In the weeks that passed, I saw Stan diminish. Not only physically, but in a way that seemed to shrink his presence, his humor, his determination. He eventually came to the conclusion that the EOD program would not likely accept an applicant that had cancer, and I was afraid that if cancer didn’t kill my husband, giving up his dream would. My raging at God and the world increased.
So here we were: no Spec Ops dream, no health, no treatment yet, no way to get stationed to another Navy base — one that actually cared about its sailors, no skinny wife, and the added responsibility of a new baby on the way.
It was about this time that I started seeing a therapist, and shortly thereafter, that Stan and I started going to marriage counseling.
The therapist that saw us both was also the one who saw me alone. Shelly was her name, and she was a pleasure to talk to, though I’m not sure if she was best for me as far as therapists went. As a recovering alcoholic, she had plenty of empathy and lots of wisdom, but I found little by way of helpful direction, though I know she did try. During one appointment, I mentioned that I felt like I never had any time to rest. She sent me home with homework — I was to stay in bed all day long, prohibited from getting up until the next day.
My first reaction was fear of burdening Stan and my second was guilt. It was not Stan’s job to tend to Krystal and make dinner. He worked hard enough as it was, and he was the one with cancer. I was sick, it was true, but I wasn’t dying. I felt it my duty to make sure Stan and Krystal got what they needed first. Nevertheless, there was a part of me that felt relieved at the prospect of being able to lay in bed all day long.
When I told Stan about Shelly’s assignment, he was irritated. “Yeah, okay,” he said, and then looked at me dubiously. “Do you think it’s going to help?”
I don’t know, but you lay in bed when you get home, I thought. Immediately, I reprimanded myself. Shut up, Violet. Stan has an excuse. You’re not the one with cancer. Suck it up.
“I think it will,” I told Stan, though I was completely unconvinced. It was going to take more than a day for me to feel less burdened by the task of saving my family.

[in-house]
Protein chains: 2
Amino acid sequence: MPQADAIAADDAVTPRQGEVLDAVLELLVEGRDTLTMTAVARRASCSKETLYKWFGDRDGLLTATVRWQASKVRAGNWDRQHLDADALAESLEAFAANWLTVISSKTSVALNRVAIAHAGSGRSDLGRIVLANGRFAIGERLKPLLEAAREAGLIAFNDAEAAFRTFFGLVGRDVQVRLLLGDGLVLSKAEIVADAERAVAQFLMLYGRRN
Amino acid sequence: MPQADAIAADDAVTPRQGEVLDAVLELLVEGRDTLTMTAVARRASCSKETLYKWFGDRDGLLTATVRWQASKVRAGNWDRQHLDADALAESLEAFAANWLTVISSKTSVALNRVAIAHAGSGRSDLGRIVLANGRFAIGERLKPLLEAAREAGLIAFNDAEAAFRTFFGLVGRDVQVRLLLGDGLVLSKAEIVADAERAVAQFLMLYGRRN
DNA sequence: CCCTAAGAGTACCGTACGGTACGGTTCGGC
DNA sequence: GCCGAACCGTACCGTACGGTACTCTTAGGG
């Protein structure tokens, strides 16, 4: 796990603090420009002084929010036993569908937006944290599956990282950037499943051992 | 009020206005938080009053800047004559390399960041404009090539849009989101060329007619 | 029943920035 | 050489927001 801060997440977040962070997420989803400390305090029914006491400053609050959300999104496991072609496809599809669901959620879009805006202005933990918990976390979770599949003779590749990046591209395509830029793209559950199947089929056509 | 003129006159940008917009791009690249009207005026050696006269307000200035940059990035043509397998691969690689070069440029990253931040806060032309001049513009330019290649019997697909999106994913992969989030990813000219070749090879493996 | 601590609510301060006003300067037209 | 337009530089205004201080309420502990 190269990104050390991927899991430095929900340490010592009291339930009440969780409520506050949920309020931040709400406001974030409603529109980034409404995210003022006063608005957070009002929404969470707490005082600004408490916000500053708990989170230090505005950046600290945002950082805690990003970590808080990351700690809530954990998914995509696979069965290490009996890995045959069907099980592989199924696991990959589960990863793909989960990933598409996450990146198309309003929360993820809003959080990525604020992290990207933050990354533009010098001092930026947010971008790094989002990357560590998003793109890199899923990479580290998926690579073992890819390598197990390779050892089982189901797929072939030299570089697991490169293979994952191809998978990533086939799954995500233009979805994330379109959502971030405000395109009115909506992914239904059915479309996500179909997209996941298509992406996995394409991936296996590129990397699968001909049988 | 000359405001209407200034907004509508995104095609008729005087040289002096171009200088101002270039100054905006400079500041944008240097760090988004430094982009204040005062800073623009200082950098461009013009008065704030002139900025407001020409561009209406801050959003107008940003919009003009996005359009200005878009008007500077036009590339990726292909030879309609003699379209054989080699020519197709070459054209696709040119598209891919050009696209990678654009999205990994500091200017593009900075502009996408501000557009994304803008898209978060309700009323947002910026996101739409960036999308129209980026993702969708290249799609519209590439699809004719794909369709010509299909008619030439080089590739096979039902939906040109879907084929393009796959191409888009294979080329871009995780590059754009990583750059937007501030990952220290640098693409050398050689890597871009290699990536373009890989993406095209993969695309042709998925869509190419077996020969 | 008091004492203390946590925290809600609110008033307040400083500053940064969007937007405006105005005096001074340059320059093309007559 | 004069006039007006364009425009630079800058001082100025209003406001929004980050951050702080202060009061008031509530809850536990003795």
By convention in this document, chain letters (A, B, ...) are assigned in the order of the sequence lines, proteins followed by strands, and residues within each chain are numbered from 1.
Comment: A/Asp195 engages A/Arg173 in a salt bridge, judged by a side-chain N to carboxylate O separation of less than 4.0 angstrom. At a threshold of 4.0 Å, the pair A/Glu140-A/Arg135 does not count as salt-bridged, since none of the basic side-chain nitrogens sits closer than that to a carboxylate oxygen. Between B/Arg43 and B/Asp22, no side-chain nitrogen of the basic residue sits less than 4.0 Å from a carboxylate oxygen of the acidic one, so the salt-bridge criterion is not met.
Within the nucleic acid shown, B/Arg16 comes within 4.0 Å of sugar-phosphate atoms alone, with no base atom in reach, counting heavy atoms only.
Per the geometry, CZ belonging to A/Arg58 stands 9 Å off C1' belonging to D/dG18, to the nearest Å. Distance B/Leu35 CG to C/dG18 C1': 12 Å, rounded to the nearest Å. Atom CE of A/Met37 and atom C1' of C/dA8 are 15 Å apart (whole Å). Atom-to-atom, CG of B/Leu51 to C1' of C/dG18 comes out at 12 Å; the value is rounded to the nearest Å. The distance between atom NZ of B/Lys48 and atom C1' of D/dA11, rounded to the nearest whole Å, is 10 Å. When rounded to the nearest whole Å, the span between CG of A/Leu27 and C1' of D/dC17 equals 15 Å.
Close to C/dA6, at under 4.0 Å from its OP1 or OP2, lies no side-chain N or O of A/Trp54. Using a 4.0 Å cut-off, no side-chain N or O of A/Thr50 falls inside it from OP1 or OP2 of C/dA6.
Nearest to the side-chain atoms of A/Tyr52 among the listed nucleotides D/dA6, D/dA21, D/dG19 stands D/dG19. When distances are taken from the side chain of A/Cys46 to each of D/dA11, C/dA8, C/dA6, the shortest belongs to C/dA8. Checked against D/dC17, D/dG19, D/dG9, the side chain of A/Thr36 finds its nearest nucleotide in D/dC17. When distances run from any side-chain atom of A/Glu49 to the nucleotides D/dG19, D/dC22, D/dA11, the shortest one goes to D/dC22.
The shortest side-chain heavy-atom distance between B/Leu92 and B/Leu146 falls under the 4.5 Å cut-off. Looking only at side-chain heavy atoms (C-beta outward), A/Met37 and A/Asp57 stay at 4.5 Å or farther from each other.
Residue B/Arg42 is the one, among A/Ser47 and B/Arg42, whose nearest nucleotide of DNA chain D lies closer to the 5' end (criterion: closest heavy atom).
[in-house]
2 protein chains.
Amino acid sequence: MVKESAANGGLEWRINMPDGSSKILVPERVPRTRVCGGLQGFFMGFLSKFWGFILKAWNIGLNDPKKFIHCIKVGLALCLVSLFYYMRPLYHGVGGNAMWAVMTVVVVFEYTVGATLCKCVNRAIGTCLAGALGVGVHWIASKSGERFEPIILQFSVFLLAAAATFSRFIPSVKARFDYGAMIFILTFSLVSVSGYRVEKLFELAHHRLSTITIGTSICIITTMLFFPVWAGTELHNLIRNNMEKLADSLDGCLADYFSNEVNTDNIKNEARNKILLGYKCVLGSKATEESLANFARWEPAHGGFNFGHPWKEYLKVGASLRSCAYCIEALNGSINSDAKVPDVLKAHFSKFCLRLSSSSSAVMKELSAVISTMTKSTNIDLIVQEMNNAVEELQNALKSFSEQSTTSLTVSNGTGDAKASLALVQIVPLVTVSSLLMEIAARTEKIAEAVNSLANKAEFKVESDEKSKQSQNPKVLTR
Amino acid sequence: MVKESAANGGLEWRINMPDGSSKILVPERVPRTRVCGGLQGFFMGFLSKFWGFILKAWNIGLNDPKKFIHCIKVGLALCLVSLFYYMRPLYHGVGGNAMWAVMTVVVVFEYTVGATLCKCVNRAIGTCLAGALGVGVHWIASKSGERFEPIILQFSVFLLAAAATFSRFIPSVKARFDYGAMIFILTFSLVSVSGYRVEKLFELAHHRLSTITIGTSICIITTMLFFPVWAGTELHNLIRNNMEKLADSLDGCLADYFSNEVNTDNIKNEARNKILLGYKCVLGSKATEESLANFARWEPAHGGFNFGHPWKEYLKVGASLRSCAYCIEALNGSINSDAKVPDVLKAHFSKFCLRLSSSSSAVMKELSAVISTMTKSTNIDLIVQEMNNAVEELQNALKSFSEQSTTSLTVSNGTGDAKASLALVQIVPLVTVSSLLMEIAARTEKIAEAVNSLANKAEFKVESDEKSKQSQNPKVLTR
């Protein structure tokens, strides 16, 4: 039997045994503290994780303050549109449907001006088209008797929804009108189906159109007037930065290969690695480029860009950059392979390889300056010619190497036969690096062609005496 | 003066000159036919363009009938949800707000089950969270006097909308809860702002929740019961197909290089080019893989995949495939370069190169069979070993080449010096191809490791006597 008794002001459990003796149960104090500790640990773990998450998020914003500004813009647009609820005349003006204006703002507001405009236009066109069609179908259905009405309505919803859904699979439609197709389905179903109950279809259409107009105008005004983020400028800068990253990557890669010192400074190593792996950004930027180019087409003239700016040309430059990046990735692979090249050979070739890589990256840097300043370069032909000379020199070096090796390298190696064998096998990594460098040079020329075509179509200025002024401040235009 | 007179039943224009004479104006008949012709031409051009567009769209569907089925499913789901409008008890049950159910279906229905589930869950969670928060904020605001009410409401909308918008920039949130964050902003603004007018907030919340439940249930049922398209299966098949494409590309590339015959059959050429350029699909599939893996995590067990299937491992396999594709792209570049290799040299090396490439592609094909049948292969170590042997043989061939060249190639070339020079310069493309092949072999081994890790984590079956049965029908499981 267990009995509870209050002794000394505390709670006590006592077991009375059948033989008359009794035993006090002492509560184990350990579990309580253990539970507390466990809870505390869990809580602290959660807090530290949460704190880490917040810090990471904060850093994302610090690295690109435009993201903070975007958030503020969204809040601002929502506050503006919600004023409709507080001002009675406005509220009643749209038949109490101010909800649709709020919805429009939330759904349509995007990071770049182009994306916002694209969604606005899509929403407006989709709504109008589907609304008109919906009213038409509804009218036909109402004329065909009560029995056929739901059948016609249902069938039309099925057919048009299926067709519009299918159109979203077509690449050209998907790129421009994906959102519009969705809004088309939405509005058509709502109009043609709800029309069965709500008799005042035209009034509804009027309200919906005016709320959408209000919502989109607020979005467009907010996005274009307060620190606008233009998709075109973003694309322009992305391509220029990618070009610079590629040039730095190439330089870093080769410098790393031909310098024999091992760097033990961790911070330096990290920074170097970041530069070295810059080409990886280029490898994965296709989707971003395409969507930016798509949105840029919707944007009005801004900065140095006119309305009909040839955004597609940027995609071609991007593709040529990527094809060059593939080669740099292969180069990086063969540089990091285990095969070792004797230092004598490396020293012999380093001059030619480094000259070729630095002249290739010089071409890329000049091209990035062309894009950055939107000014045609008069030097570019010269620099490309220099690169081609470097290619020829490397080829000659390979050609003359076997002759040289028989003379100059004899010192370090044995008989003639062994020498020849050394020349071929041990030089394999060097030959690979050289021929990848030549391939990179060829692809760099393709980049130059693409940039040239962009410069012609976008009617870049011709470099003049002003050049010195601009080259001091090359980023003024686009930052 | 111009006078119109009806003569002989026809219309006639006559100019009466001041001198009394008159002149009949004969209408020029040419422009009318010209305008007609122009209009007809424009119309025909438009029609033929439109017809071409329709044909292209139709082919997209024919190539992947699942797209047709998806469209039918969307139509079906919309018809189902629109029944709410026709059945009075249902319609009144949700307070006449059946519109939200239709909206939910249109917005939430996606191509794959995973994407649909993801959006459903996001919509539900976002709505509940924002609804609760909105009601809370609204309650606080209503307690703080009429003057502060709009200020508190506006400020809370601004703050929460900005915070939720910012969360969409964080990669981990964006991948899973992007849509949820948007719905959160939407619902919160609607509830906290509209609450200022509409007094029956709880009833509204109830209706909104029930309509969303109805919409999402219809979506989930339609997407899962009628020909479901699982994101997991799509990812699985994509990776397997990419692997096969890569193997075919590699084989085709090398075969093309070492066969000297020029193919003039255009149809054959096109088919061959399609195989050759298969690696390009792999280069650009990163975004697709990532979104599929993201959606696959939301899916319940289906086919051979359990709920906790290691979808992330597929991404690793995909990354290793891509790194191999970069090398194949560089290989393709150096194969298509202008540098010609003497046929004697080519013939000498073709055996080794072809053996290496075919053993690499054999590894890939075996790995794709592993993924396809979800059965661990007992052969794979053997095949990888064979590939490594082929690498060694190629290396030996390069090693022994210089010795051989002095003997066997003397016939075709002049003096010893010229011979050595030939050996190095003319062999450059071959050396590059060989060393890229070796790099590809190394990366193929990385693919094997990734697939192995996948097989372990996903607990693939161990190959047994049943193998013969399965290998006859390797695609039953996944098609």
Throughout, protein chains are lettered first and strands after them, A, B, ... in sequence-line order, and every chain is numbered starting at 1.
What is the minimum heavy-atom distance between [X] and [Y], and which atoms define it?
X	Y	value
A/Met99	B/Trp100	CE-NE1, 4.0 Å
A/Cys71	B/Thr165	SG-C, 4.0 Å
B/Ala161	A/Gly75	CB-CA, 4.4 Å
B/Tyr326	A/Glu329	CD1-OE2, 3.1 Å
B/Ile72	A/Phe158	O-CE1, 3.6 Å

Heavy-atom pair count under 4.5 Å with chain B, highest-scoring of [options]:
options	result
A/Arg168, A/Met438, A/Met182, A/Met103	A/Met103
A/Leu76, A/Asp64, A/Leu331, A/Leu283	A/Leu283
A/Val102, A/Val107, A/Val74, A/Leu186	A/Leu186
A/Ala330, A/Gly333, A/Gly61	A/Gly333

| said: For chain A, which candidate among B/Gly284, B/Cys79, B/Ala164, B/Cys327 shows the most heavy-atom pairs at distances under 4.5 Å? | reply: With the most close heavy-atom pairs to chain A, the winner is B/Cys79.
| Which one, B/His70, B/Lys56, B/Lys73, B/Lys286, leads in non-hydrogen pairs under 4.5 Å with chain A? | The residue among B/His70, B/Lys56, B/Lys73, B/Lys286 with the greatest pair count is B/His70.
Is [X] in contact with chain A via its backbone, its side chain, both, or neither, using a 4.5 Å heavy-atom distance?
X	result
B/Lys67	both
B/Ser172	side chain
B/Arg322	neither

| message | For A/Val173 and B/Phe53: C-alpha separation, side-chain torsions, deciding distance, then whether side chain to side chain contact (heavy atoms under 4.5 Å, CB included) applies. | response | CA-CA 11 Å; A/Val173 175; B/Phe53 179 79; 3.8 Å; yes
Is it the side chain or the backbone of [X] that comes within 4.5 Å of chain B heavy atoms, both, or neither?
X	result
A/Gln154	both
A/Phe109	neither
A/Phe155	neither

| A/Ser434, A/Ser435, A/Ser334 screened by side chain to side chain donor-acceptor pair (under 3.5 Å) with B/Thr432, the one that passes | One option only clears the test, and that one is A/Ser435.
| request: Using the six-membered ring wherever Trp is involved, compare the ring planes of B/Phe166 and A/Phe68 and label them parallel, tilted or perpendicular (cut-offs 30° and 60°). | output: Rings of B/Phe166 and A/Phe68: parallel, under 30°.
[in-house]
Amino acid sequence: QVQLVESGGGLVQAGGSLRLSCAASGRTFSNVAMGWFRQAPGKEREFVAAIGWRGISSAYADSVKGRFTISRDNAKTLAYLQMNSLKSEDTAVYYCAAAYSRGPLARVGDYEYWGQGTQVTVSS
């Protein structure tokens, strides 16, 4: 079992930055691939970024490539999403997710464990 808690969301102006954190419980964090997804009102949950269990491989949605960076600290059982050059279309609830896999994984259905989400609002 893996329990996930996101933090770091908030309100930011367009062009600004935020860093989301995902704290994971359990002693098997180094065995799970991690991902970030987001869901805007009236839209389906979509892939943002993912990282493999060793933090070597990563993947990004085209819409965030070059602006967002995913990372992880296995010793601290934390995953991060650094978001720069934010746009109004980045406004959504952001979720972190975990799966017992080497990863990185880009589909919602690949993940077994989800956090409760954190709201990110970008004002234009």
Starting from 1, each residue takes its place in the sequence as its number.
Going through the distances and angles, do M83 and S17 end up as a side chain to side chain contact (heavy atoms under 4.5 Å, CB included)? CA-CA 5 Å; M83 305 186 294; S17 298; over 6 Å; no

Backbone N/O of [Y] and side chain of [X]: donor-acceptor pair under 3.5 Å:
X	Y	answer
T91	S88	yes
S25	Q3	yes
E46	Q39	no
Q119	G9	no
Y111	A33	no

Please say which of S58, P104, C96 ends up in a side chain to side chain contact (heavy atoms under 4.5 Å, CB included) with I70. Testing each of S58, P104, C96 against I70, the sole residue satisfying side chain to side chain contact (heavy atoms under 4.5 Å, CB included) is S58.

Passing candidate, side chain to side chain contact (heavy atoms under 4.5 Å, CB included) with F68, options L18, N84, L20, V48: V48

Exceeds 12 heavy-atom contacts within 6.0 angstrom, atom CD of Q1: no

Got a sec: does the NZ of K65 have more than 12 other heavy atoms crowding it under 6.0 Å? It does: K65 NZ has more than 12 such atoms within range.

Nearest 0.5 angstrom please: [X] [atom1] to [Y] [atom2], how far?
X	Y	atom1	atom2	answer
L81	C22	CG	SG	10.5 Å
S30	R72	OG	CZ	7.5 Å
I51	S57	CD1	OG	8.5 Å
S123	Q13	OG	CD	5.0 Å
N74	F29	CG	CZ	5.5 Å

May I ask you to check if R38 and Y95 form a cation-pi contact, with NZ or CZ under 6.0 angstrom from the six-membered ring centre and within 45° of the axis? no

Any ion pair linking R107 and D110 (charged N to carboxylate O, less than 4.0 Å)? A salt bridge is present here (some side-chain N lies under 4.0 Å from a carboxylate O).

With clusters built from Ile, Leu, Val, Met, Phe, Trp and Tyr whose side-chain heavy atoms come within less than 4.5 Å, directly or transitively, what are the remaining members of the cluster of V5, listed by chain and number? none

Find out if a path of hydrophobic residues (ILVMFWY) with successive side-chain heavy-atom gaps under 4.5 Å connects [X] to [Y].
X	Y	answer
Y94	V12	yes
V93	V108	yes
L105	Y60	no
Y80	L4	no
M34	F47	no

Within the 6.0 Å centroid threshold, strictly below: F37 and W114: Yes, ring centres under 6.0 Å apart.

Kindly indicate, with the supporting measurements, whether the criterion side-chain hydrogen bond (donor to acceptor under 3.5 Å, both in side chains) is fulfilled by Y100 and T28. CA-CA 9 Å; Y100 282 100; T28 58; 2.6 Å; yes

We planned the day for the following weekend. It was pleasant enough in the beginning, but at around lunchtime I was itching to get out of bed, worried that I had given Stan too much work by putting him in charge of Krystal and the meals and anything else that might need doing that day.
By evening, I was hating myself for wanting so much time alone. Stan was exhausted, and fell into bed when Krystal was down for the night. “I hope that did it for you,” he said.
I didn’t reply. How could I tell him how much I resented his cancer for not letting me have a normal life? There were days that I forgot I was pregnant. Forgot. When I did remember, I’d hate our situation all the more. And then I’d hate myself for begrudging Stan anything, since it wasn’t his fault that he was sick.
Marriage counseling wasn’t much better. More like a friendly chat than a therapy session, Stan would pull up the “I’m fine” bit and I’d have no choice but to believe him, since he didn’t open up to me about what he was feeling. If he had any big issues with our marriage, I didn’t know about it. I figured that he went to marriage counseling as a way to get time off work.
And that’s how things went until September of 2006. Stan would work and work-out (even after giving up his EOD dream), I would lay on the couch with Krystal and try not to feel swallowed up by my life and Stan’s possible death, sometimes I’d forget that I was pregnant, and life revolved around Stan.
No, not Stan; cancer. Life revolved around cancer.
Slowly, subtly, the revolution was becoming a downward spiral.